Clouzot uses an interesting sound design here to increase the unease of the audience. The first sound after the main theme is a chilling creak that suggests opening a door to a room that has long remained in hidden darkness. The taunts of children become overwhelming, as do those of the townspeople after Le Corbeau forces a suicide. Any, or all of them could be Le Corbeau, and Clouzot seems to be suggesting that indeed at heart any of us could be.
This was both an understanding and condemning look at the collaboration, but the second part of the equation was completely missed by the French authorities after the war, and Clouzot was blacklisted for years. The ambiguity is echoed in the conclusion; even after Le Corbeau is revealed, one has the distinct impression that the mystery may not be solved after all, and even if it is, can the genie be put back into the bottle? The parting shot of a woman in widow's weeds walking away from the camera suggests not.
Rating for Style: A+
Rating for Substance: A+
|Aspect Ratio||1.33:1 - Full Frame|
|Original Aspect Ratio||yes|
Image Transfer Review: The full-frame image is very grainy; flicker is prominent as well. There are also a few minor frame jumps. Detail is generally decently represented (with some extreme closeups looking quite nice), but shadow detail is generally quite plugged up. Very little frame damage is present, however.
Image Transfer Grade: B-
Audio Transfer Review: Unfortunately, the audio track is a bit of a mess. Hiss and noise are quite prominent, getting worse during dialogue segments and reflecting an attempt at noise reduction. However, by the same token the processing of the sound has badly distorted much of the background dialogue and foley effects. These now have a strange metallic quality to them, frequently sounding as if they're underwater. At other times a sound that I can only describe as a high-frequency metallic slithering is frequently audible in the background, and I found it highly disturbing. I suppose it's possible that this is part of the unusual sound design, but it has an electronic quality that makes me doubt that and I'm thus not inclined to give it the benefit of the doubt.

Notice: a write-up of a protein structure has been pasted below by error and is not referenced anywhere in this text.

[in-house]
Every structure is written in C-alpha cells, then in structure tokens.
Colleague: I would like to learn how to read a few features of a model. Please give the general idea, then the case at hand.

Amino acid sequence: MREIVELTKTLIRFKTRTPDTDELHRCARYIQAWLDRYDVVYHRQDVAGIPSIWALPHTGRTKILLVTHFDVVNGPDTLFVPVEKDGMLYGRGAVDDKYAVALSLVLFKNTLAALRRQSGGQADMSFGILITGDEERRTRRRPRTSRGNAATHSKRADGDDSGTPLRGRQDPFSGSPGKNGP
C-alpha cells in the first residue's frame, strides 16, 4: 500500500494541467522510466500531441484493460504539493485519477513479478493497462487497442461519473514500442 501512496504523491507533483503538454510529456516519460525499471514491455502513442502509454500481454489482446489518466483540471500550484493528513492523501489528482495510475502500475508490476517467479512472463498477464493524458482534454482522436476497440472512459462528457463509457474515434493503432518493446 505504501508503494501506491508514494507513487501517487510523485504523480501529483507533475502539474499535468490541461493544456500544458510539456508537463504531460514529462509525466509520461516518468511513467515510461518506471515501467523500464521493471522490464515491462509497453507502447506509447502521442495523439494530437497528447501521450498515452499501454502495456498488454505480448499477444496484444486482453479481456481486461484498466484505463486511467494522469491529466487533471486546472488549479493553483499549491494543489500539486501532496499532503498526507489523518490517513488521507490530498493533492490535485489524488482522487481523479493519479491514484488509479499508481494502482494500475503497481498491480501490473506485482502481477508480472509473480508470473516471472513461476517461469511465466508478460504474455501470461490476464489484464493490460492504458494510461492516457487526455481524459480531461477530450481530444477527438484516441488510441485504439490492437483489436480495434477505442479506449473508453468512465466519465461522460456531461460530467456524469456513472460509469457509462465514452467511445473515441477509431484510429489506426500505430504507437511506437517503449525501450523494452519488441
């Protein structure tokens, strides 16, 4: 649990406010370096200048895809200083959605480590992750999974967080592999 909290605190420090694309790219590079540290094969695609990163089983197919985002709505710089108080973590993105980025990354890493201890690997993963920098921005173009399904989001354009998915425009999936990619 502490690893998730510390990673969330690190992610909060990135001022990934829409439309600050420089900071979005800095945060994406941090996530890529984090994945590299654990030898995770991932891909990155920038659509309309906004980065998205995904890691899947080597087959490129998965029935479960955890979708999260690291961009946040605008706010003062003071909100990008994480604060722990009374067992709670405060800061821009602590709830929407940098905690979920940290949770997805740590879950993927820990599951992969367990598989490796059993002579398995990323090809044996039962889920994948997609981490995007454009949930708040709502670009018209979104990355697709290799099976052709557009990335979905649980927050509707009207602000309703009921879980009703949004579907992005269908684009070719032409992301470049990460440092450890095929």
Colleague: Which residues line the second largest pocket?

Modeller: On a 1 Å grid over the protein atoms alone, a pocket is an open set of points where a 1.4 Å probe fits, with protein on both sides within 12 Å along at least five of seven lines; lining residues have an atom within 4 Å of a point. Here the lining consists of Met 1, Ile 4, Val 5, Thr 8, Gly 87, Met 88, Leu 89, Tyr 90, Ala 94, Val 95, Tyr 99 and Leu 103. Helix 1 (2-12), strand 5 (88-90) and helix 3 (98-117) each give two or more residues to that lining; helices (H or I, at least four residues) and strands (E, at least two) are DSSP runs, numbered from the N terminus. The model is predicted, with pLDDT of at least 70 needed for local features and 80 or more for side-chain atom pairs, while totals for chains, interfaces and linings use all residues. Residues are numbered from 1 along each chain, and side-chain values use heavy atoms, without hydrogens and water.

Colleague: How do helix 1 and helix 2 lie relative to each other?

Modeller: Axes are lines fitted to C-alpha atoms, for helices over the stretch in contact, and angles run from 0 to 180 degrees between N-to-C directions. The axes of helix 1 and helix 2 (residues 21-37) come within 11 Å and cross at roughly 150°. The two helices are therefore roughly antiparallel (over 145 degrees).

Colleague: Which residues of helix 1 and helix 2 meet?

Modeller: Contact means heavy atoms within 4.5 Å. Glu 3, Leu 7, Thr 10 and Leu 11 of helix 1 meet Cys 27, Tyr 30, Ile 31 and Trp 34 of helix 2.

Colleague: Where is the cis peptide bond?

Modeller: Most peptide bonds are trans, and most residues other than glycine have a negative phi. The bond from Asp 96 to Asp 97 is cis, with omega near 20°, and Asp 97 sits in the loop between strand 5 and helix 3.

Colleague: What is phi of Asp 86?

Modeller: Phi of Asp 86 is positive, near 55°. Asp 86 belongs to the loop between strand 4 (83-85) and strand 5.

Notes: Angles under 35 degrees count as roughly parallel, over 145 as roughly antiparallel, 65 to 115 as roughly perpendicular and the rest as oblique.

Audio Transfer Grade: D
Disc ExtrasStatic menu with music
Scene Access with 23 cues and remote access
Subtitles/Captions in English with remote access
1 Original Trailer(s)
Layers Switch: 01h:31m:21s
Extras Review: In addition to a blurry, scratchy, and crackly trailer, Criterion provides some interesting featurettes. A 2002 interview with Bernard Tavernier (in English) discusses the political subtext of the film, its historical context, and the resultant controversy. This is quite interesting and worth checking out. An eight-minute excerpt from the 1975 collection of interviews, The Story of French Cinema by Those Who Made It, provides further background, but it's less incisive than Tavernier's comments. Three essays in the companion book (including one that considers it as a proto-film noir) contain some additional background information. The last two of these, dating from 1947, give the pro- and anti-Corbeau sentiment among critics of the time, allowing the modern viewer an insight into the controversy that might otherwise be difficult to understand at this distant remove. While one can certainly understand the resentment against Clouzot for working in collaboration for Continental, his film was a powerful statement against the occupying forces, and their desire to set the French against one another. Had it been set in Germany, as one essayist suggests, it would never have been made at all. But Clouzot clearly is not attacking the French, as such, themselves; he's making a universal statement about the appeal of such cruelty and viciousness behind a comfortable mask of anonymity that could apply as well to the Russians under Stalin and the Germans under Hitler.
Extras Grade: B
Final CommentsA piercing and riveting psychological drama in the guise of a mystery, this film is a neglected masterpiece that is certainly welcome on DVD. There are some issues with the transfer, particularly the audio, but there are some useful extras without the overwhelming quantity that has become the vogue of late.
Mark Zimmer 2004-02-15